My Dearest friend
I wrote you last Week and inclosed an order for 600. Let me know when you receive it.
Although the Weather is the most beautiful I ever knew in December, the Time seems longer to me, than ever any time did in America. The Business of Congress this Session is Dulness, Flatness and Insipidity itself.
Mr. Cranch went off, on Fryday for Washington as he intended to go to Anapolis. I gave him a Letter to Mr. Carrol of Carrolton.
I have been much engaged in Reading the Tryals of Muir, Margarot, Wat, Downie, and Walker.
Mr. Walker of Manchester appears to have been very ill used by the Church Party: but he was honourably acquitted. The others, I suppose could not be held guiltless, according to the Laws of Scotland, and England. The severity however of their Sentences may excite rather than suppress discontent and Mutiny. Selfcreated Societies, must be circumspect. It is very easy for them to transgress the Boundaries of Law, and as soon as they do they become unlawful assemblies, seditious Societies, mischievous Conventions, pernicious Associations, dangerous and destructive Combinations and as many such hard appellations as you choose to give them.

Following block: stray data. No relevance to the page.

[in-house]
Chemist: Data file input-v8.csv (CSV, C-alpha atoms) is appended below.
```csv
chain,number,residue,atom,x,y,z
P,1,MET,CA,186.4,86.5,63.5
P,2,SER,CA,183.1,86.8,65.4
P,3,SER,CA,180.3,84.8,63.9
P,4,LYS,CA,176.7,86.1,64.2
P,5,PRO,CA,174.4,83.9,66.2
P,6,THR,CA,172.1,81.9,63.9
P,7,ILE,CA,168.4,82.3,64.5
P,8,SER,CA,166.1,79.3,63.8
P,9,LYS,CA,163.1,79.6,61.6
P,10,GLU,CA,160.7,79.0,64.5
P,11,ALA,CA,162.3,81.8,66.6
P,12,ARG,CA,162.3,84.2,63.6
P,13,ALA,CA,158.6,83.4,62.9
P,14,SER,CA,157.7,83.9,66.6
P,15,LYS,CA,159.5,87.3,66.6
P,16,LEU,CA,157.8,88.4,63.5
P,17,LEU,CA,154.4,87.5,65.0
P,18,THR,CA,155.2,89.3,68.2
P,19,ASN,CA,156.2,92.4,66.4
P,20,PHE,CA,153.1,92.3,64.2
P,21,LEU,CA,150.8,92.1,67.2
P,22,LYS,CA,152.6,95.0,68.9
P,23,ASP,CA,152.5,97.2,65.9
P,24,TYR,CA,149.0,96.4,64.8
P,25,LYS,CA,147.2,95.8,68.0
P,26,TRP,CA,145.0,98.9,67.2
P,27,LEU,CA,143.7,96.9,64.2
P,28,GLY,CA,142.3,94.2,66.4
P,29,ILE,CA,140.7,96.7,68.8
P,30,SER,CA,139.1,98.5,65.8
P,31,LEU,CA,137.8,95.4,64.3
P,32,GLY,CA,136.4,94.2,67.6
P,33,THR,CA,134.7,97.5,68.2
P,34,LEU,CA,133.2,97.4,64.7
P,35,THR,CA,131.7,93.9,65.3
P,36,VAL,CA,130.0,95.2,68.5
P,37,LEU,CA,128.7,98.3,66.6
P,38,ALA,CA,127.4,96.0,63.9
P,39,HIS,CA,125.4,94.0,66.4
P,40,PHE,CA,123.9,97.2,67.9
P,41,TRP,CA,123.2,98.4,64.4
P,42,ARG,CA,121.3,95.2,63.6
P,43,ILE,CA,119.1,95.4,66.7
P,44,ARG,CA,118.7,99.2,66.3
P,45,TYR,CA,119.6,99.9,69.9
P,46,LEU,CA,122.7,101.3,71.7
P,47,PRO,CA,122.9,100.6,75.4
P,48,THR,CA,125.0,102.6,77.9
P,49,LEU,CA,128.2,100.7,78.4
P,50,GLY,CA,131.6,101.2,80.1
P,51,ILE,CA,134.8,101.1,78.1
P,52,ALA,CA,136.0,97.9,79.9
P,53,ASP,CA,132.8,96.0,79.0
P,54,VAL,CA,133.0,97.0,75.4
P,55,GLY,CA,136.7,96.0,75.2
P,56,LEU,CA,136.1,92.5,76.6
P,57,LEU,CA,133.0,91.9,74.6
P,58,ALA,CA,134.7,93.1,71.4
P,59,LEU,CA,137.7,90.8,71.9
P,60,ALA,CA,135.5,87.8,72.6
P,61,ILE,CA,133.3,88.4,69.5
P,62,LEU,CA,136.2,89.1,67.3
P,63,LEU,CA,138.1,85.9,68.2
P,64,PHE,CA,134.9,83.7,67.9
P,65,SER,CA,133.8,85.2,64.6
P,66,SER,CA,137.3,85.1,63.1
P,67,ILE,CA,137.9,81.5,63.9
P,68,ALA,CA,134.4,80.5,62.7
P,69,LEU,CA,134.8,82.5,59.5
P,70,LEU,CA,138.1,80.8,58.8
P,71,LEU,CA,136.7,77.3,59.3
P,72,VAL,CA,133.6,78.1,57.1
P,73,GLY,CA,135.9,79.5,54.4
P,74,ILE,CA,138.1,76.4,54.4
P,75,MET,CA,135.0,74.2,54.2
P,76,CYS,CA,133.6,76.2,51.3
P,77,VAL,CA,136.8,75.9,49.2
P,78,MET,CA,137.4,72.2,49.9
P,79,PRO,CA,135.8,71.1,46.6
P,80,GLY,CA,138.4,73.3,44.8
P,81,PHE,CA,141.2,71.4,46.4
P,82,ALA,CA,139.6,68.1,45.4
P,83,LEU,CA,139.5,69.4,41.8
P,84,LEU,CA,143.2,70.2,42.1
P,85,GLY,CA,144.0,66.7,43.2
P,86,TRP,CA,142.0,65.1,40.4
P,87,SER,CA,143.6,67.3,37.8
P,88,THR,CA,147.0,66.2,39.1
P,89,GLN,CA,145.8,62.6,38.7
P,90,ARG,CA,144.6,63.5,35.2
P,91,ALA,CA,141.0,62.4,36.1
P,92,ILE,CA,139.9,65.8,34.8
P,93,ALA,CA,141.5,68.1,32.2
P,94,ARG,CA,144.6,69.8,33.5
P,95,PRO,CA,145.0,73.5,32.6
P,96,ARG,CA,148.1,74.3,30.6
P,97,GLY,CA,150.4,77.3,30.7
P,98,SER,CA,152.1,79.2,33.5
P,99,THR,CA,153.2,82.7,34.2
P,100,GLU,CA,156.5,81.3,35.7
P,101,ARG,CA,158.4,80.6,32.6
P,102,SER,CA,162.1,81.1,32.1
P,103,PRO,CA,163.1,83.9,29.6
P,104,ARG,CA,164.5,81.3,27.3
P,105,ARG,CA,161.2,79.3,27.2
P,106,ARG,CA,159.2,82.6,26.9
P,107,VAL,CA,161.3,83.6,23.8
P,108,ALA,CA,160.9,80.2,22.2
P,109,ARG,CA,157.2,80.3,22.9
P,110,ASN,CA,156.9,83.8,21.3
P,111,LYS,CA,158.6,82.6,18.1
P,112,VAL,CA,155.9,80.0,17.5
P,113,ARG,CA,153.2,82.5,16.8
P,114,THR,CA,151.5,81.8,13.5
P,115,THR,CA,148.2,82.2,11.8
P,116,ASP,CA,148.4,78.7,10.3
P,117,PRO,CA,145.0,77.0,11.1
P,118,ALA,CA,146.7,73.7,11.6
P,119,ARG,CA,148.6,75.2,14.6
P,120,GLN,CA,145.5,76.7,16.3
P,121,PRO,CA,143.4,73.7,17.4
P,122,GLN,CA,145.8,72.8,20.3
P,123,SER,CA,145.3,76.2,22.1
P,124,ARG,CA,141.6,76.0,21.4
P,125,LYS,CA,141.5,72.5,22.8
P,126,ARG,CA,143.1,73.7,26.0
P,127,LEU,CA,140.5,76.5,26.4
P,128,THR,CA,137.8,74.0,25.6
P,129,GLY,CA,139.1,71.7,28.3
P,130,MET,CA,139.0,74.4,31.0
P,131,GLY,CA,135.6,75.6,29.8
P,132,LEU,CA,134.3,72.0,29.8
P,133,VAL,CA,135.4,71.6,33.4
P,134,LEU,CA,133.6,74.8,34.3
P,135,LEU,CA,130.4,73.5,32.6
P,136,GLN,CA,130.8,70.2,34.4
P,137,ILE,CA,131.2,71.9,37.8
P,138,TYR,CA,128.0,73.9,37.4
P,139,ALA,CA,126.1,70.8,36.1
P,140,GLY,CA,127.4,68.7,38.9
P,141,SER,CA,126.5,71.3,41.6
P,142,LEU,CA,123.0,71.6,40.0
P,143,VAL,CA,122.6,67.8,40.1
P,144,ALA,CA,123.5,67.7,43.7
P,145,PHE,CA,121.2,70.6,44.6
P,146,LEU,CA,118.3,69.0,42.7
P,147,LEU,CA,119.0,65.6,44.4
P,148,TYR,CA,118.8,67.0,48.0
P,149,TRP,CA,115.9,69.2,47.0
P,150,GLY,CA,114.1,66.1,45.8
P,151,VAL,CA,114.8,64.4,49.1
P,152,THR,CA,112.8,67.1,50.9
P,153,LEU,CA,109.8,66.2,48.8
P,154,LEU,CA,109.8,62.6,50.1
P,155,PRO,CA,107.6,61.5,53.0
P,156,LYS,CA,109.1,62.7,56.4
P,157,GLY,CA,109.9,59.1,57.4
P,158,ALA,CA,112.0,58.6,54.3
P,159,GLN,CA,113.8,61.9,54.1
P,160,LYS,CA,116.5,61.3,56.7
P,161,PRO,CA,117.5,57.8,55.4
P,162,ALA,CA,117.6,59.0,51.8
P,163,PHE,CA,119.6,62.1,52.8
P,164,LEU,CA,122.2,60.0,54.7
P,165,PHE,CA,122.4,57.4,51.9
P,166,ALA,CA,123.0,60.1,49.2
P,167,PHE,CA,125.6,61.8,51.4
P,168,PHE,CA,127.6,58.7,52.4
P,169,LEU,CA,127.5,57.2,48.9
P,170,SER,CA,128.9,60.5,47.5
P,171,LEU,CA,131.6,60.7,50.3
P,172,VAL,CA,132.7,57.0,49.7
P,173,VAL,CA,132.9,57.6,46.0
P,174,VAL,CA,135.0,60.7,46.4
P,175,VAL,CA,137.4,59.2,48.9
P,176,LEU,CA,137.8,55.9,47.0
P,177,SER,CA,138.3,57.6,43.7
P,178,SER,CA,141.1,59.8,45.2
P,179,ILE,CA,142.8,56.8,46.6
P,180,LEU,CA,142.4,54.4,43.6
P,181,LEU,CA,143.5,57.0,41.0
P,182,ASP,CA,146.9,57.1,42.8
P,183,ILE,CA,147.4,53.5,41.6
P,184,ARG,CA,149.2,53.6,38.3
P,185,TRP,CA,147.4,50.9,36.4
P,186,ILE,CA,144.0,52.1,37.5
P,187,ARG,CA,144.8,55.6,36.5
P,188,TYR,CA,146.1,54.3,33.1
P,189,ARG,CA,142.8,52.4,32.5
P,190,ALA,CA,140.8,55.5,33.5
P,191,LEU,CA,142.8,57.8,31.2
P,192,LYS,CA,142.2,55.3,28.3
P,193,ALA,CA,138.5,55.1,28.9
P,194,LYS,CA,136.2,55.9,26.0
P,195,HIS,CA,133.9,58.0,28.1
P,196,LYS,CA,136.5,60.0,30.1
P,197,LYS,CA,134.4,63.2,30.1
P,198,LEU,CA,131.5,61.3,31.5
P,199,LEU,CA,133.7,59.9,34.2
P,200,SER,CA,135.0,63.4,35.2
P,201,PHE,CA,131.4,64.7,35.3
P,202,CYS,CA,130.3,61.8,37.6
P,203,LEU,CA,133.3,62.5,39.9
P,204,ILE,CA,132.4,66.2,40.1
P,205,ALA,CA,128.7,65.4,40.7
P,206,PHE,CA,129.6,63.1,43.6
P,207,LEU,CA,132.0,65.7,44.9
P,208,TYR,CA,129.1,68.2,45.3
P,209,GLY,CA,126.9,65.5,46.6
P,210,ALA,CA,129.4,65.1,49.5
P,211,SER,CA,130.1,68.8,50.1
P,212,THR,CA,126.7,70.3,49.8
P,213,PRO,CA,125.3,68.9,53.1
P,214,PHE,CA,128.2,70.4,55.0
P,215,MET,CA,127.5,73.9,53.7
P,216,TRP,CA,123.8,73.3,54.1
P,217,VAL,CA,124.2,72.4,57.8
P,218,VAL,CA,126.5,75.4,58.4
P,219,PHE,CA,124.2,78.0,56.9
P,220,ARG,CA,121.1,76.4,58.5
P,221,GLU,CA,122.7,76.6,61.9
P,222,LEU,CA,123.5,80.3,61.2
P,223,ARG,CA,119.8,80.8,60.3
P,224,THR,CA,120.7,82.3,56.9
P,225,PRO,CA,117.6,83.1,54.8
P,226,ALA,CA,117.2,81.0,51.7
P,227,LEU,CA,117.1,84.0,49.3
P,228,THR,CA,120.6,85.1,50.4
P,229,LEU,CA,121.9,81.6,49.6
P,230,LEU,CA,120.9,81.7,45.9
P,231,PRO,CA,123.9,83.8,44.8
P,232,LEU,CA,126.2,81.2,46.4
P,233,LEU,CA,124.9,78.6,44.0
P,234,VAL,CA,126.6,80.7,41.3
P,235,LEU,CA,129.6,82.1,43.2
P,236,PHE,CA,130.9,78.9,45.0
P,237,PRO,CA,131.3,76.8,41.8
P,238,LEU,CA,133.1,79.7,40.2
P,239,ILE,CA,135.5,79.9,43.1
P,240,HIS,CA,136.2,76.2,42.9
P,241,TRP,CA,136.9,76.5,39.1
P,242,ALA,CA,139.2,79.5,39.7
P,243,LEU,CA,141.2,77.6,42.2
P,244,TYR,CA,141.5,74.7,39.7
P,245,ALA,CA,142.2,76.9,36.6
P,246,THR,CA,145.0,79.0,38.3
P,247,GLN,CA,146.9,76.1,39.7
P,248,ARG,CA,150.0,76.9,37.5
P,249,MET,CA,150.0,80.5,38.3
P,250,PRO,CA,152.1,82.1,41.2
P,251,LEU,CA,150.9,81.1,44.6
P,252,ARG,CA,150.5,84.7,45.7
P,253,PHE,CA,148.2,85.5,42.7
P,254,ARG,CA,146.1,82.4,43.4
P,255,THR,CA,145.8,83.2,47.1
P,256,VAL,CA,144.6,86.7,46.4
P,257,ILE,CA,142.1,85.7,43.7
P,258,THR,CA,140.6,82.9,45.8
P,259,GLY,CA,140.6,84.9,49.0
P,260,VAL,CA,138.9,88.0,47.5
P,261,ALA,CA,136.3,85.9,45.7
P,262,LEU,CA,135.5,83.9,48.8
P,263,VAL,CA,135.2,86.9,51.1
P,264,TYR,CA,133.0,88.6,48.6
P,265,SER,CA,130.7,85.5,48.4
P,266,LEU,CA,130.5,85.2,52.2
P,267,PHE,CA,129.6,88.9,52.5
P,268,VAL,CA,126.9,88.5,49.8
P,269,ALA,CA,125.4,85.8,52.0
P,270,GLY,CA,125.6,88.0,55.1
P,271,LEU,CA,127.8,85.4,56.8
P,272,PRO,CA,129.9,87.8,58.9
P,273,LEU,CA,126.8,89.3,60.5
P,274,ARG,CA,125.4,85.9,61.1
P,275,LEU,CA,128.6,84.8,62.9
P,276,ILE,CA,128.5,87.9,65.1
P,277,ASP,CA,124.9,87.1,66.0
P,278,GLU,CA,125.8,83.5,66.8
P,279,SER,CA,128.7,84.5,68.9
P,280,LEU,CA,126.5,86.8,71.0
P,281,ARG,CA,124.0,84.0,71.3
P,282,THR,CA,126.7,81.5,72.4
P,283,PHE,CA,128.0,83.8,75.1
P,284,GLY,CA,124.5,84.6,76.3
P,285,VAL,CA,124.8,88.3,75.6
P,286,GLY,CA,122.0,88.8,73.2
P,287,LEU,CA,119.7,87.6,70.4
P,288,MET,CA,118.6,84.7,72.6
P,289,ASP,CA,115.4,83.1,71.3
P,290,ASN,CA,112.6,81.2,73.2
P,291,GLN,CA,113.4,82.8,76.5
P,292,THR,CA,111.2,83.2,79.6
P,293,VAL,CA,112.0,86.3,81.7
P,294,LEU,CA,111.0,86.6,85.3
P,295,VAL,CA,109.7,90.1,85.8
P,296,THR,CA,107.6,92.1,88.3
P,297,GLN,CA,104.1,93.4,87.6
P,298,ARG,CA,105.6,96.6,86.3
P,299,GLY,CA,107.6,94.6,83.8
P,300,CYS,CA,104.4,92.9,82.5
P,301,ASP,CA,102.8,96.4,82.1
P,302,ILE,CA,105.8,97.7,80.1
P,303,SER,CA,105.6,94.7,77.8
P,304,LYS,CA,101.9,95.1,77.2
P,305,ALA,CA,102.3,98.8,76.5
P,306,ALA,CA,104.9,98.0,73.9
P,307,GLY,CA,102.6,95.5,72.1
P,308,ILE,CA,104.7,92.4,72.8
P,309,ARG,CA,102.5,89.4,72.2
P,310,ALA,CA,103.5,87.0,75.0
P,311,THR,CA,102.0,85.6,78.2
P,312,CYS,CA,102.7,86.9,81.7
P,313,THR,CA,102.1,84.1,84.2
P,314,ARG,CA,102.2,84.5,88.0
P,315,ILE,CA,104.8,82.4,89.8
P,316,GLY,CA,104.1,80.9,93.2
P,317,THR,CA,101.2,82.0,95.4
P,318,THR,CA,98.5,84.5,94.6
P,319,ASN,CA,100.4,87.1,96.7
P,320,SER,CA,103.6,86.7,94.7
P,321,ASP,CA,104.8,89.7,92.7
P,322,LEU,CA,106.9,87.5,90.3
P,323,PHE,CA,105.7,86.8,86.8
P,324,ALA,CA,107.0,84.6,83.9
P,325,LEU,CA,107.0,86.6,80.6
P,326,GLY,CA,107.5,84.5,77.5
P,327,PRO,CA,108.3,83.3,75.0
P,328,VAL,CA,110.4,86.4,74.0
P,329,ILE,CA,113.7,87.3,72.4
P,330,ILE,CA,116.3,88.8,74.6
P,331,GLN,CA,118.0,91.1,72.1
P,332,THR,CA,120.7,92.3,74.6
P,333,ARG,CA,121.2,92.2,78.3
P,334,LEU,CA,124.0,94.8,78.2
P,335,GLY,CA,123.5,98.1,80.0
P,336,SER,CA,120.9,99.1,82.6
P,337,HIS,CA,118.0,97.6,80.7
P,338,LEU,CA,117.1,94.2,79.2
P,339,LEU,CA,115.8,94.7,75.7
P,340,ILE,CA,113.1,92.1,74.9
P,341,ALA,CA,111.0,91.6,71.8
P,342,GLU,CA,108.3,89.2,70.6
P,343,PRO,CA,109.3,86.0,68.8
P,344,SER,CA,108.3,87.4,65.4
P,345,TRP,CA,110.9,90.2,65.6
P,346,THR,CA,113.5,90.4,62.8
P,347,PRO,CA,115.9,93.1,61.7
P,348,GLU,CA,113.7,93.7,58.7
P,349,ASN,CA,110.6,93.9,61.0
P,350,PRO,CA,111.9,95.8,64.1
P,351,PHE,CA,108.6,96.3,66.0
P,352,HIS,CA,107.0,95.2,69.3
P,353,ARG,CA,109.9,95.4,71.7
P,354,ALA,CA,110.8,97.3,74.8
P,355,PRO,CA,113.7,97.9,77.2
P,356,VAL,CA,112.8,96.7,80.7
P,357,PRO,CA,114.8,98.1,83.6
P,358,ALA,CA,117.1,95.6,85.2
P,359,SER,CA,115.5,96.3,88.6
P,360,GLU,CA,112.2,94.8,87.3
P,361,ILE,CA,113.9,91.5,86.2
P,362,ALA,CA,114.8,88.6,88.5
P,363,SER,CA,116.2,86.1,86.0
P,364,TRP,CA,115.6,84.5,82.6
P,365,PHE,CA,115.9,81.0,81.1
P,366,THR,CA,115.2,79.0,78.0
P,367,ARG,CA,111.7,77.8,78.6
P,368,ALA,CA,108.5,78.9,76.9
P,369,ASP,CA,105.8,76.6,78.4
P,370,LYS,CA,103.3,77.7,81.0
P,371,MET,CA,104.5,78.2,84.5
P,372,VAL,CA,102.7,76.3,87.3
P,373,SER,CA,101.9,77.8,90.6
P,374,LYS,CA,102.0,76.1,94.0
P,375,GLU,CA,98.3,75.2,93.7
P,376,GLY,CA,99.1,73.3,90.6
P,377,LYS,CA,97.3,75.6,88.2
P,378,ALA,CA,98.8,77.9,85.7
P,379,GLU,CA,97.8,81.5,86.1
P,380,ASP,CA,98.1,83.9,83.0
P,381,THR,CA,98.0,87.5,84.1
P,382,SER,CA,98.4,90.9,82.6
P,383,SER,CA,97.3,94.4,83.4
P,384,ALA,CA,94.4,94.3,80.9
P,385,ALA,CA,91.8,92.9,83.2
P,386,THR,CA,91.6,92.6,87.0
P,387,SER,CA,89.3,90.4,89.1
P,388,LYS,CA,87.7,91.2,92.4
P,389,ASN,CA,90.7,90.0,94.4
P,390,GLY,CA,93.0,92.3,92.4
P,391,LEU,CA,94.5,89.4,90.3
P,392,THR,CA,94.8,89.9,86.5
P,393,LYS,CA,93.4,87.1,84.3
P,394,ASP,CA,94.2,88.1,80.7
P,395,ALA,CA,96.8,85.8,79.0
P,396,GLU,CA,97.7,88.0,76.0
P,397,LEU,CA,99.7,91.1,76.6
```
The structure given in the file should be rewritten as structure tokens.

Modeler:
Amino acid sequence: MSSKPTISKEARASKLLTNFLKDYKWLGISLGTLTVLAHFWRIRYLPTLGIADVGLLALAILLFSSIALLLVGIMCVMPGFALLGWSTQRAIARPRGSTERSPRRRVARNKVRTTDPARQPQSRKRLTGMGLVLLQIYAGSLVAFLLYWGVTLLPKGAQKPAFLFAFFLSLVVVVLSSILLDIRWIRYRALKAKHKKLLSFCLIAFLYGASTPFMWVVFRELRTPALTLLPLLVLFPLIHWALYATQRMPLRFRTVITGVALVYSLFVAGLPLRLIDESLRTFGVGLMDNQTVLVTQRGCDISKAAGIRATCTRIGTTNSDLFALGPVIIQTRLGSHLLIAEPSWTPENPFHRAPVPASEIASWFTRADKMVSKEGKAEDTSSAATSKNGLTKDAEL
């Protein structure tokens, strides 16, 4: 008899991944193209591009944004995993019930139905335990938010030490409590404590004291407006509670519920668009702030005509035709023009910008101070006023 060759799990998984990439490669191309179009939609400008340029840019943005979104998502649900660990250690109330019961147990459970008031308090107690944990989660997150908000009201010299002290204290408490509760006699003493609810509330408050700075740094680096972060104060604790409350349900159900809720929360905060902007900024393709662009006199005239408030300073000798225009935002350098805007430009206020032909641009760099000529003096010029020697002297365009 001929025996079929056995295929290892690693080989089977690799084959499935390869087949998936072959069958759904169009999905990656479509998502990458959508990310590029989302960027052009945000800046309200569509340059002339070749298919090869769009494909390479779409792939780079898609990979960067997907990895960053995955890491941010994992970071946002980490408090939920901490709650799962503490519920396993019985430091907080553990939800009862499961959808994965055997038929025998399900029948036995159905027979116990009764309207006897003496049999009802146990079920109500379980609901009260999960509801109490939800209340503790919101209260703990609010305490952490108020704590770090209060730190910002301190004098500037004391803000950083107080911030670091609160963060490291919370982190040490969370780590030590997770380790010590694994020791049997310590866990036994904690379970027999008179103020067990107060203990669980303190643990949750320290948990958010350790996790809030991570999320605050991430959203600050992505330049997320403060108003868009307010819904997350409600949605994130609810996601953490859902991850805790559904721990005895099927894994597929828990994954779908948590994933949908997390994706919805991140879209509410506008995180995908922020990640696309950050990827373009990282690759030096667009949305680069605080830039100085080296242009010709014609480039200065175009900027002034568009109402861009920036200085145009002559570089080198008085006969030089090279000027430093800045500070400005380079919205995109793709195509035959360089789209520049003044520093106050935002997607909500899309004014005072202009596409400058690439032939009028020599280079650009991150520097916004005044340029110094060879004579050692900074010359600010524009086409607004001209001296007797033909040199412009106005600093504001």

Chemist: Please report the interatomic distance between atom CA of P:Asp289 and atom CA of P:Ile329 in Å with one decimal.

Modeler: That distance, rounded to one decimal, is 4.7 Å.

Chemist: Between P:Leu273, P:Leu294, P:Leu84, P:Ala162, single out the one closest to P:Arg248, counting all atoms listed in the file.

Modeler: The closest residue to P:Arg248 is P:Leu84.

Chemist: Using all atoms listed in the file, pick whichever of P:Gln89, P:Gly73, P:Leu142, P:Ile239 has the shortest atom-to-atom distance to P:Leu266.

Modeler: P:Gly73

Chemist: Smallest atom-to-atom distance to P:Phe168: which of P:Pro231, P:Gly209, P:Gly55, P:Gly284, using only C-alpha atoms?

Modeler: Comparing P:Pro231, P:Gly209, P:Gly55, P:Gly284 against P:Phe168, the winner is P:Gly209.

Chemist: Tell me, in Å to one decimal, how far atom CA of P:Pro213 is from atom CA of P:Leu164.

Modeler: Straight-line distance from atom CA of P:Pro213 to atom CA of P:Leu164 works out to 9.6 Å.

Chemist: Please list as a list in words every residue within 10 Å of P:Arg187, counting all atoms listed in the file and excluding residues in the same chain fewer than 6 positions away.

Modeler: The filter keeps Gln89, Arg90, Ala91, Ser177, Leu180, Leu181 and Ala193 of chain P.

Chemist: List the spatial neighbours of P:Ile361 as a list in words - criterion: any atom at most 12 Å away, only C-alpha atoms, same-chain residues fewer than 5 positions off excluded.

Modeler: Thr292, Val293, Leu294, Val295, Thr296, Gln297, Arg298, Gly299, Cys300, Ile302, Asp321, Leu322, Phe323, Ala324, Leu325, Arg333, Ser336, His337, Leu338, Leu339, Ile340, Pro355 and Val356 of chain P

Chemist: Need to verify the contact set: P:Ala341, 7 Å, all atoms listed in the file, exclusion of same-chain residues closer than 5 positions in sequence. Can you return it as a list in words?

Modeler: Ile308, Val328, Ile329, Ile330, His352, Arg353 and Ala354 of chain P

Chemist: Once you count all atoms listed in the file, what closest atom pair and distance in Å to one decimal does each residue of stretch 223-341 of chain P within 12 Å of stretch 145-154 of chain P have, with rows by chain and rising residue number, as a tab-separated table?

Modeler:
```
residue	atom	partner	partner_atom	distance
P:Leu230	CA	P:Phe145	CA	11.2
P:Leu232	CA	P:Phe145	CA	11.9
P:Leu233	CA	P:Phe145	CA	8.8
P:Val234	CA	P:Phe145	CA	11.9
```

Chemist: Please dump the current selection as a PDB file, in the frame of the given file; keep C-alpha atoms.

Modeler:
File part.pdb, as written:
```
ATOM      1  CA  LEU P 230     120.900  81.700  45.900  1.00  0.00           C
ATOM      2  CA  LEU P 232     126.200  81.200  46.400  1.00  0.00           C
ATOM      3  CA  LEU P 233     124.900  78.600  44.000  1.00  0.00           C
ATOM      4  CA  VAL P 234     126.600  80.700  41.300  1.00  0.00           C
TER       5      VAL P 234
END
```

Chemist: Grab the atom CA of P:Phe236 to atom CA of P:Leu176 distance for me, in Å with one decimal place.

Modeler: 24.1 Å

I think I will read Swedenbourgs Works. I dare say they are as entertaining as The Pilgrims Progress or Robinson Crusoe or the Seven Champions. Any Thing that shows a strong and strange Imagination and is neither melancholly nor stark mad, is amuzing. I fear the Atheistical and Theistical Philosophers lately turned Politicians, will drive the common People into Receptacles of Visionaries, Enluminees, illuminees &c. &c. For the Common People will undoubtedly insist upon the Risque of being damned rather than give up the hope of being saved in a future State. The People will have a Life to come, and so will I.
I sent you an History of Geneva.